Bear markets aren’t fun. Like most people, I prefer it when my net worth goes up in an almost uninterrupted straight line. However, that’s not how markets work, and that’s a good thing. If it weren’t for sell-offs, we wouldn’t be able to buy great stocks at attractive valuations. One of the stocks I’ve been bullish on throughout the 2022 bear market is Intercontinental Exchange (NYSE:ICE). The company behind the ICE ticker is a well-diversified player in the exchange industry, offering an increasing number of fast-growing financial products, it increases recurring revenues, and it is rapidly expanding its mortgage business. While a rapidly slowing housing market is pressuring its existing mortgage business, I believe it’s a blessing instead of a curse. The valuation has dropped to attractive levels. I believe that ICE shares make for a fantastic investment the moment the market presents us with another move lower.
In this article, I will tell you why that is.
Weakness Caused By Housing
While I am writing this, ICE shares have lost a quarter of their value from their all-time high. This includes a 17% rally from the October lows, fueled by expectations that the Fed may take its foot off the brake sooner than expected.
There are essentially two major reasons why ICE shares are down. The first one is the most obvious, which is that market weakness has caused investors to de-risk their portfolios. This is hurting every company that isn’t benefiting from strong demand in other areas (like oil and gas companies).
The second reason is a bit more specific. ICE has, in addition to its transaction-based business, a lot of housing (mortgage) exposure.
On a full-year basis, the company generates roughly 15% of its money in its mortgage technology segment. This segment has roughly 50% recurring revenues.
If we exclude the pending acquisition of Black Night (expected to close in the first half of 2023), we’re dealing with a company that has significant exposure in consumer engagement suites (the early stages of the mortgage loan supply chain), processing and underwriting of loans, and everything related to closing, funding, and compliance.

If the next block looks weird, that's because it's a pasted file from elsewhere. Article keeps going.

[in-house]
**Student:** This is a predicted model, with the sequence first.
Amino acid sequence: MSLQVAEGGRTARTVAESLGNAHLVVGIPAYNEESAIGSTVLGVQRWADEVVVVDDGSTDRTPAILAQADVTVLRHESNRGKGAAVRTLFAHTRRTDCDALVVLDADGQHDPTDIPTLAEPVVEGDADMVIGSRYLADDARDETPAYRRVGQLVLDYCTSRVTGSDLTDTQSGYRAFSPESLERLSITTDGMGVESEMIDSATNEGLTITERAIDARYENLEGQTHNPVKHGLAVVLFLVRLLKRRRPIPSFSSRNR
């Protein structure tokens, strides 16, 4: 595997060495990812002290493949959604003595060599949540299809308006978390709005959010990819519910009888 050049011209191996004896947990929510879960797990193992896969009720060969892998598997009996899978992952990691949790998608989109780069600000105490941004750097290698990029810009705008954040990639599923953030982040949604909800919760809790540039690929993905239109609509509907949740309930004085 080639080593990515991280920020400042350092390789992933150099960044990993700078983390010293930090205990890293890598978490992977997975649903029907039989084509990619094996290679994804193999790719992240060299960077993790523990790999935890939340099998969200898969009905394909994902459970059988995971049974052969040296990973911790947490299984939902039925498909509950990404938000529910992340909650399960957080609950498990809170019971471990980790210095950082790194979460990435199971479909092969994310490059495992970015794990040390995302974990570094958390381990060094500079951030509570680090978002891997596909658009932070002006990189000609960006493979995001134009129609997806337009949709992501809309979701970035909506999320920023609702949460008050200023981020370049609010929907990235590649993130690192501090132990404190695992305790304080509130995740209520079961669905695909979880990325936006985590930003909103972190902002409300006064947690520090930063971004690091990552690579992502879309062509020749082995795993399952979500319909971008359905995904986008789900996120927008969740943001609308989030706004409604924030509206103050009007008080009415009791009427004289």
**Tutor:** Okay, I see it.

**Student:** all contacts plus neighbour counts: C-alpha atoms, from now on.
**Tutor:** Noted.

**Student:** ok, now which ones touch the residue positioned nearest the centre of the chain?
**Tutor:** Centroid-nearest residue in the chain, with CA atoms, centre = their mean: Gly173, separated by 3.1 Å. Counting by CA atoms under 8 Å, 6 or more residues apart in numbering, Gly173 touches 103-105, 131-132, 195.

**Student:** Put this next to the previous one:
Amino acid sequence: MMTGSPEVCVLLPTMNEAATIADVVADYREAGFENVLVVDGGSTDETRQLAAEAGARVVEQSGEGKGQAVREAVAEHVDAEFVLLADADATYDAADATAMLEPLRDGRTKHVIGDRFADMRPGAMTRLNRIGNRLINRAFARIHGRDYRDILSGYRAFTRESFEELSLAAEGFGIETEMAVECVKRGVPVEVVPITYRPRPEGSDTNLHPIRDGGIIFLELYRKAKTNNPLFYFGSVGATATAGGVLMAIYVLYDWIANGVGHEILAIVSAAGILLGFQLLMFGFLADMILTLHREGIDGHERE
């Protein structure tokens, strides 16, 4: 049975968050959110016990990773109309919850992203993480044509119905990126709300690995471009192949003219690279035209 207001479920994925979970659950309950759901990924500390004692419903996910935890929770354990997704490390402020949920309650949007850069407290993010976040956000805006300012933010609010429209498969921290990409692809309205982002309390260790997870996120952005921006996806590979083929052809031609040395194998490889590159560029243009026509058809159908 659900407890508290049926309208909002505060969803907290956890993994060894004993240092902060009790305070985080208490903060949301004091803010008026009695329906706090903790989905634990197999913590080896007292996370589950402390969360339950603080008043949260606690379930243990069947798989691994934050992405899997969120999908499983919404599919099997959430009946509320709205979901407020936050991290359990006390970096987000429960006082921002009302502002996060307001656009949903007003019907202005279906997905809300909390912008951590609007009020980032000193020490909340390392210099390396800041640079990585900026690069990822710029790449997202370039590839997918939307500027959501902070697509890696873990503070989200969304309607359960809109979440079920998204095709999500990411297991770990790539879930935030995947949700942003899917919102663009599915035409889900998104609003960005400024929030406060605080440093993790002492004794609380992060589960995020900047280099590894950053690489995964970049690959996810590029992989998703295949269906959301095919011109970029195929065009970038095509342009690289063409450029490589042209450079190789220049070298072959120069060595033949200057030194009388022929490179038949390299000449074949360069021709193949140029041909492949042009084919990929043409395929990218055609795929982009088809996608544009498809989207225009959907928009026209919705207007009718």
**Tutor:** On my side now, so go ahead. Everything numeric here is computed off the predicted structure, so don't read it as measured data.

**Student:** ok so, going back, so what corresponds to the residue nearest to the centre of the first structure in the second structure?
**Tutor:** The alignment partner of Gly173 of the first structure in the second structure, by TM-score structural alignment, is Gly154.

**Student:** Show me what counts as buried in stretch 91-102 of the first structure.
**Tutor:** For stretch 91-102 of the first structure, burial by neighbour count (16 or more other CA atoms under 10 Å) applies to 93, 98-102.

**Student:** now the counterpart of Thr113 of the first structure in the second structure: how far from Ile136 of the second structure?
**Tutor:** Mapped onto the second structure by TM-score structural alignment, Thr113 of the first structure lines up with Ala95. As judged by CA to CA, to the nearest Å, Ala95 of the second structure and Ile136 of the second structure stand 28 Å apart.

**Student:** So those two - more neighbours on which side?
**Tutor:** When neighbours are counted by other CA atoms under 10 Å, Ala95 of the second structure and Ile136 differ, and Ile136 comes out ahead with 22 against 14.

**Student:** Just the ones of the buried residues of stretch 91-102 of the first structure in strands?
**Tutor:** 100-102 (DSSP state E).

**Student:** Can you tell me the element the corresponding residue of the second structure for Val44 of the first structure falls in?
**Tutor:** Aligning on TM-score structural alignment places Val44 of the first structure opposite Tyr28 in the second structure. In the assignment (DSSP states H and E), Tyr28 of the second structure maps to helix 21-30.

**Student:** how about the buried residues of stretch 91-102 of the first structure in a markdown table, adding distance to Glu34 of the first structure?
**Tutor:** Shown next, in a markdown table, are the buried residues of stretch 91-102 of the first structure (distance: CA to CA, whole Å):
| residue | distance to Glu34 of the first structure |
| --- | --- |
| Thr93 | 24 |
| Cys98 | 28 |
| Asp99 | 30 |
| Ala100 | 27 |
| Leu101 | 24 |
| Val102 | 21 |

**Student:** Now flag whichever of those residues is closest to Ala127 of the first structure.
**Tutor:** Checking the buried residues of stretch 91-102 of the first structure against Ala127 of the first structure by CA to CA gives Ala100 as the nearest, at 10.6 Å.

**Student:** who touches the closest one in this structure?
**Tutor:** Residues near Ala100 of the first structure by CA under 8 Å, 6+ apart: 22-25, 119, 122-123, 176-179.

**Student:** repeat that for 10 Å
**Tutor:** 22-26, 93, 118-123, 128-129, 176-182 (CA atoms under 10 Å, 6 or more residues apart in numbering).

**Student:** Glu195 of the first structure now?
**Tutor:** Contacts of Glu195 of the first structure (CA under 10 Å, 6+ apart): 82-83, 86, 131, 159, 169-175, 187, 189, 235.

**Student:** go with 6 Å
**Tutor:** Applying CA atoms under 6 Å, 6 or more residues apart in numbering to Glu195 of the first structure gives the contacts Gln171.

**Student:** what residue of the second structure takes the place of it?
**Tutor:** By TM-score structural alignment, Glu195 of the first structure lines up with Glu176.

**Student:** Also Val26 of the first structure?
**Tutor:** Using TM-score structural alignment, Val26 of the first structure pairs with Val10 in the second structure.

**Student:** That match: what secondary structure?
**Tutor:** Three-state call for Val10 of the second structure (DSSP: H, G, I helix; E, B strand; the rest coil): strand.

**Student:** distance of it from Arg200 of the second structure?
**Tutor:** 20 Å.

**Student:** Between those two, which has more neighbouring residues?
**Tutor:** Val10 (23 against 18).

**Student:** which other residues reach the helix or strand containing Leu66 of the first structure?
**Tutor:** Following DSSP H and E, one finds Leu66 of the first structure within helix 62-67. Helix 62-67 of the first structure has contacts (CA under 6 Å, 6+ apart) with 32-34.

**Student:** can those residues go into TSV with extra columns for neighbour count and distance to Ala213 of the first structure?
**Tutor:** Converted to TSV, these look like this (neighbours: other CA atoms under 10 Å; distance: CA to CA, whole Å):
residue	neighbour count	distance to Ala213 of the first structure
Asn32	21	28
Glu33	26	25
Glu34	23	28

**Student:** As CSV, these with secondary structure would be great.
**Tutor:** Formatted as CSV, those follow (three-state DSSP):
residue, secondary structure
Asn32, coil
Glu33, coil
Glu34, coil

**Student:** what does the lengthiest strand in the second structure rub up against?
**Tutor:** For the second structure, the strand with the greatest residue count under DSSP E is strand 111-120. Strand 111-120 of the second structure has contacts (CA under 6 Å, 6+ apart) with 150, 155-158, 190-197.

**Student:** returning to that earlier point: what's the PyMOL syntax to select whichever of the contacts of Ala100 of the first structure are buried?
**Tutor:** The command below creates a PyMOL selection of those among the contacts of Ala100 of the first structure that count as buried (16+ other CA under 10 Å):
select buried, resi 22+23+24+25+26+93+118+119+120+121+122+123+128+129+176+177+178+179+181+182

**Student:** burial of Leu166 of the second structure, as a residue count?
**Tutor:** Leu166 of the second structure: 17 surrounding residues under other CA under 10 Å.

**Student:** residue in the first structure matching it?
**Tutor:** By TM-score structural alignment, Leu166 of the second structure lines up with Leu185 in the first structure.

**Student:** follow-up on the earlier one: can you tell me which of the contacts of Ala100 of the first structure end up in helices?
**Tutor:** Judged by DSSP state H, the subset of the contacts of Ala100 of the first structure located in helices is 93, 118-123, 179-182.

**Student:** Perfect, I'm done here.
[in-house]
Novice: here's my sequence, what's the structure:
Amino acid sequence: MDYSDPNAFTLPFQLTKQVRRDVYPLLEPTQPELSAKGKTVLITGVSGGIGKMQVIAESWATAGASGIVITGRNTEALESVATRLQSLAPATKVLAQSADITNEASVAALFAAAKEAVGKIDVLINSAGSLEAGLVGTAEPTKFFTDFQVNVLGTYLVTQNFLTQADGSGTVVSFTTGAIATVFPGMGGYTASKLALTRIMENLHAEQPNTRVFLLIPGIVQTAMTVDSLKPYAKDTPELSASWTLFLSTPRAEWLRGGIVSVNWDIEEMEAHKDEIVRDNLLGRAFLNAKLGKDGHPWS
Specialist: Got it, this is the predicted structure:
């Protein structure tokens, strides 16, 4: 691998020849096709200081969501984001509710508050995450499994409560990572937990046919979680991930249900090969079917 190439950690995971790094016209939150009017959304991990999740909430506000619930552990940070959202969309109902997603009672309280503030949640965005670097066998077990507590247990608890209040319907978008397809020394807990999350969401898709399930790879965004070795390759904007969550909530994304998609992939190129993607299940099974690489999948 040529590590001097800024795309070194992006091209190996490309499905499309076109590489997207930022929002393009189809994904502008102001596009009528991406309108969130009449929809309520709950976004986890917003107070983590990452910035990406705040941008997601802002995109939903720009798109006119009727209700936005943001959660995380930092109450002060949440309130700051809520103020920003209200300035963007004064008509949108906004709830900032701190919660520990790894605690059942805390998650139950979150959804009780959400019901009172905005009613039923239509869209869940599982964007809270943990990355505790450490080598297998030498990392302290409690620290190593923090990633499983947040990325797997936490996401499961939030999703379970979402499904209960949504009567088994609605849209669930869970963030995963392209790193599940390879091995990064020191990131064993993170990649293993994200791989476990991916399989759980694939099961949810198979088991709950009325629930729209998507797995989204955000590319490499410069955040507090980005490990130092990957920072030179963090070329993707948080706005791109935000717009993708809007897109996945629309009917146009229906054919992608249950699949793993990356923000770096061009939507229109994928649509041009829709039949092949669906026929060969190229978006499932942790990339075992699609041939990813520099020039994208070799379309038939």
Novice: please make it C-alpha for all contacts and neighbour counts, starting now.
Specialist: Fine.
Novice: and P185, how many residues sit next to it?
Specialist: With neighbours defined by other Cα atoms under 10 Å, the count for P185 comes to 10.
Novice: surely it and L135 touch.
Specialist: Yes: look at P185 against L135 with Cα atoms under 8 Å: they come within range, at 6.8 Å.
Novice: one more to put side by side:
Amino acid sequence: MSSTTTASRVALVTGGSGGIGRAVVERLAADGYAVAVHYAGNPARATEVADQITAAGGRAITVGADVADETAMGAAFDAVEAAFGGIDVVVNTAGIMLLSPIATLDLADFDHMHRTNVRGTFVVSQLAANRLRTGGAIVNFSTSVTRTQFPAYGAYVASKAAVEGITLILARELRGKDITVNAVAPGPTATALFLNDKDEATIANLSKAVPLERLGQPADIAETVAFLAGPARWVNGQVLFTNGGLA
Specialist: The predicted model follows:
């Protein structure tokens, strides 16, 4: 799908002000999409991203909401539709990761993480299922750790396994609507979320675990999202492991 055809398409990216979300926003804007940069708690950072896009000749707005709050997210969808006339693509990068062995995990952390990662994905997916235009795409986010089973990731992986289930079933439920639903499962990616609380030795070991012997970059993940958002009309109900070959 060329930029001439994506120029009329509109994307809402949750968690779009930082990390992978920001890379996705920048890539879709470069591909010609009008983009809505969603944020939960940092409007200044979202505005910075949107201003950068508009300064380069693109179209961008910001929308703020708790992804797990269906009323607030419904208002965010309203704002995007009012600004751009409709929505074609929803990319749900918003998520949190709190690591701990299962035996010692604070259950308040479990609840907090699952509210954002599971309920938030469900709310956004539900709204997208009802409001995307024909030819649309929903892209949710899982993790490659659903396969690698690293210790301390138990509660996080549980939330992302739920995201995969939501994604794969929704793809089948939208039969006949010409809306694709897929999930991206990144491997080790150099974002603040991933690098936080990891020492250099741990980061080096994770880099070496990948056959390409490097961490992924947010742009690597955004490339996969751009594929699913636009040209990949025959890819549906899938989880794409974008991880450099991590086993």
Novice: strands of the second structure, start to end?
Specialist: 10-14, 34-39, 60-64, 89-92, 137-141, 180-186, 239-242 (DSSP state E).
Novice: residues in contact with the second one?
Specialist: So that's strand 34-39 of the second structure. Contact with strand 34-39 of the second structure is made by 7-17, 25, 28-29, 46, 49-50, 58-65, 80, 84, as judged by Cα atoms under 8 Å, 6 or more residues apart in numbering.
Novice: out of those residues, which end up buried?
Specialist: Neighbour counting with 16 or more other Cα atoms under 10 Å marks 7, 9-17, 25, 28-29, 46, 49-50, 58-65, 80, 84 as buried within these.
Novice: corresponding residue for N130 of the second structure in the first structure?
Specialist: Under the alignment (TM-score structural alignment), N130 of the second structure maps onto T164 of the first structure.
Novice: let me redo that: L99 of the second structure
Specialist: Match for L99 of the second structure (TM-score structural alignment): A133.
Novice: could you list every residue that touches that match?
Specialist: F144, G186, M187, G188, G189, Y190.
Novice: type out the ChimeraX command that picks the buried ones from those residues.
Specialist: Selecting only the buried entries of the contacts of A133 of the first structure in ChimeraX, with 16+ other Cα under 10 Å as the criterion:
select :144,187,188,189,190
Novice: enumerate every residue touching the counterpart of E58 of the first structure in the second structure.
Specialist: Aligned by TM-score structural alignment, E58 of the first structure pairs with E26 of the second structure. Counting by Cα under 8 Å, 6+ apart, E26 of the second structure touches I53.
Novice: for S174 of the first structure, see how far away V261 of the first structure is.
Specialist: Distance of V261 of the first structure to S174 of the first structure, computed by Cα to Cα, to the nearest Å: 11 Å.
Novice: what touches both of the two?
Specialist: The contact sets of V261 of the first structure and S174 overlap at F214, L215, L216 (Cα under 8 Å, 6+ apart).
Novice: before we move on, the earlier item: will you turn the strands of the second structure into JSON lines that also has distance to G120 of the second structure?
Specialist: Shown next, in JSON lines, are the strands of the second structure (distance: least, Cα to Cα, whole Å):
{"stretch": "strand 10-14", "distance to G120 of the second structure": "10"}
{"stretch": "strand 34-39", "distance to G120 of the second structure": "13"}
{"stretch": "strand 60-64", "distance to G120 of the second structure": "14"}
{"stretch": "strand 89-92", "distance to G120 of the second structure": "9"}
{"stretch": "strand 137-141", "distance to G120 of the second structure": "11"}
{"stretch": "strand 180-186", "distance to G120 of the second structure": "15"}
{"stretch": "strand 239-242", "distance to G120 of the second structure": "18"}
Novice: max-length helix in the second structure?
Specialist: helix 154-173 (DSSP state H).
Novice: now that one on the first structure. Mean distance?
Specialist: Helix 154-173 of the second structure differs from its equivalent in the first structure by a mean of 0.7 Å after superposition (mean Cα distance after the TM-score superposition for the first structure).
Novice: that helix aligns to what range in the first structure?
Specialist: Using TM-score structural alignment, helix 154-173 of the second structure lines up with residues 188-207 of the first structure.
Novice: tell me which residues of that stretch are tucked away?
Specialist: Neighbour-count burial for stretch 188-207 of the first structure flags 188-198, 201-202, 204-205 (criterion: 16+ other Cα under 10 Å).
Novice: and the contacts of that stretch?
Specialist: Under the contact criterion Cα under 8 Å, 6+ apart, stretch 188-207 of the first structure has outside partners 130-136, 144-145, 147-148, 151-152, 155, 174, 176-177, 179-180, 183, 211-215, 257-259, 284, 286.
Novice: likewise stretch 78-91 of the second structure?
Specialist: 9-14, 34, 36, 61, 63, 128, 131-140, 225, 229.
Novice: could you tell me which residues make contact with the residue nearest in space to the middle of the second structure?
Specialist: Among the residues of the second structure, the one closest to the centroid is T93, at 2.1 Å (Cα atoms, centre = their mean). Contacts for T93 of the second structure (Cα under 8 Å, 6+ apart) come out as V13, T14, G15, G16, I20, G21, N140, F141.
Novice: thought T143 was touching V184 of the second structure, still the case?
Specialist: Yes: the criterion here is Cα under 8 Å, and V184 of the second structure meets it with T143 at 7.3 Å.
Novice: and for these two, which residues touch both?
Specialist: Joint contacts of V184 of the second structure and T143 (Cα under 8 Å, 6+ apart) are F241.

In other words, ICE doesn’t lend money, but it supports the entire process with its technology.
In its third quarter, mortgage technology did very poorly, which makes sense as buying conditions for homes have reached the lowest level since the 1980s. On a side note, guess what happened in the early 1980s? Back then, conditions were terrible as central banks were forced to hike into economic weakness due to high inflation. That sounds very familiar.
Anyway, in the third quarter, total mortgage technology revenue came in at $276 million, a decline of 25%, driven by a steep decline in pagination tech and closing solutions. Yet, the good news is that recurring revenue improved by 14%, bringing total recurring revenue to 60% of total segment revenue. After the Knight acquisition, total recurring mortgage revenue is expected to be 55% (based on a recovery of non-recurring revenue).
Moreover, while the company does see customer weakness, it is mainly focused on the fact that it is outperforming the industry thanks to the solutions it brings to the table:
In the third quarter, our Mortgage business once again outperformed the broader industry driven by strong recurring revenues. The strength and resiliency that we’ve seen in recurring revenues has been driven by our new customers continuing to adopt our digital solutions, increased demand for our data and analytics tools and continued strong retention. Our customers remain focused on automation and efficiencies. This focus has led to increased interest in our data and analytics products, contributing to a 22% growth year-to-date in our data and analytics business.
Strength In Exchanges & Fixed Income
The good news is that the company’s core business continues to do well. After all, ICE is not known for its mortgage business, but for its operations in exchanges where the company owns the NYSE, major energy, agriculture, and financial futures, as well as fixed-income services.
These segments helped the company to generate $1.8 billion in third-quarter revenue, which was in line with expectations.
In its exchange segment, the company reported 4% higher revenues – 8% higher on a constant currency basis. Growth was reported in every single segment, except for energy, which saw 16% lower revenues. In this segment, the company generated $266 million in revenue, which is more than a quarter of segment revenues. This is caused by major energy contracts like ICE Brent and volatile contracts like Dutch TTF Natural Gas. This decline is mainly caused by volatile trading in the prior year, which makes it hard to beat those numbers.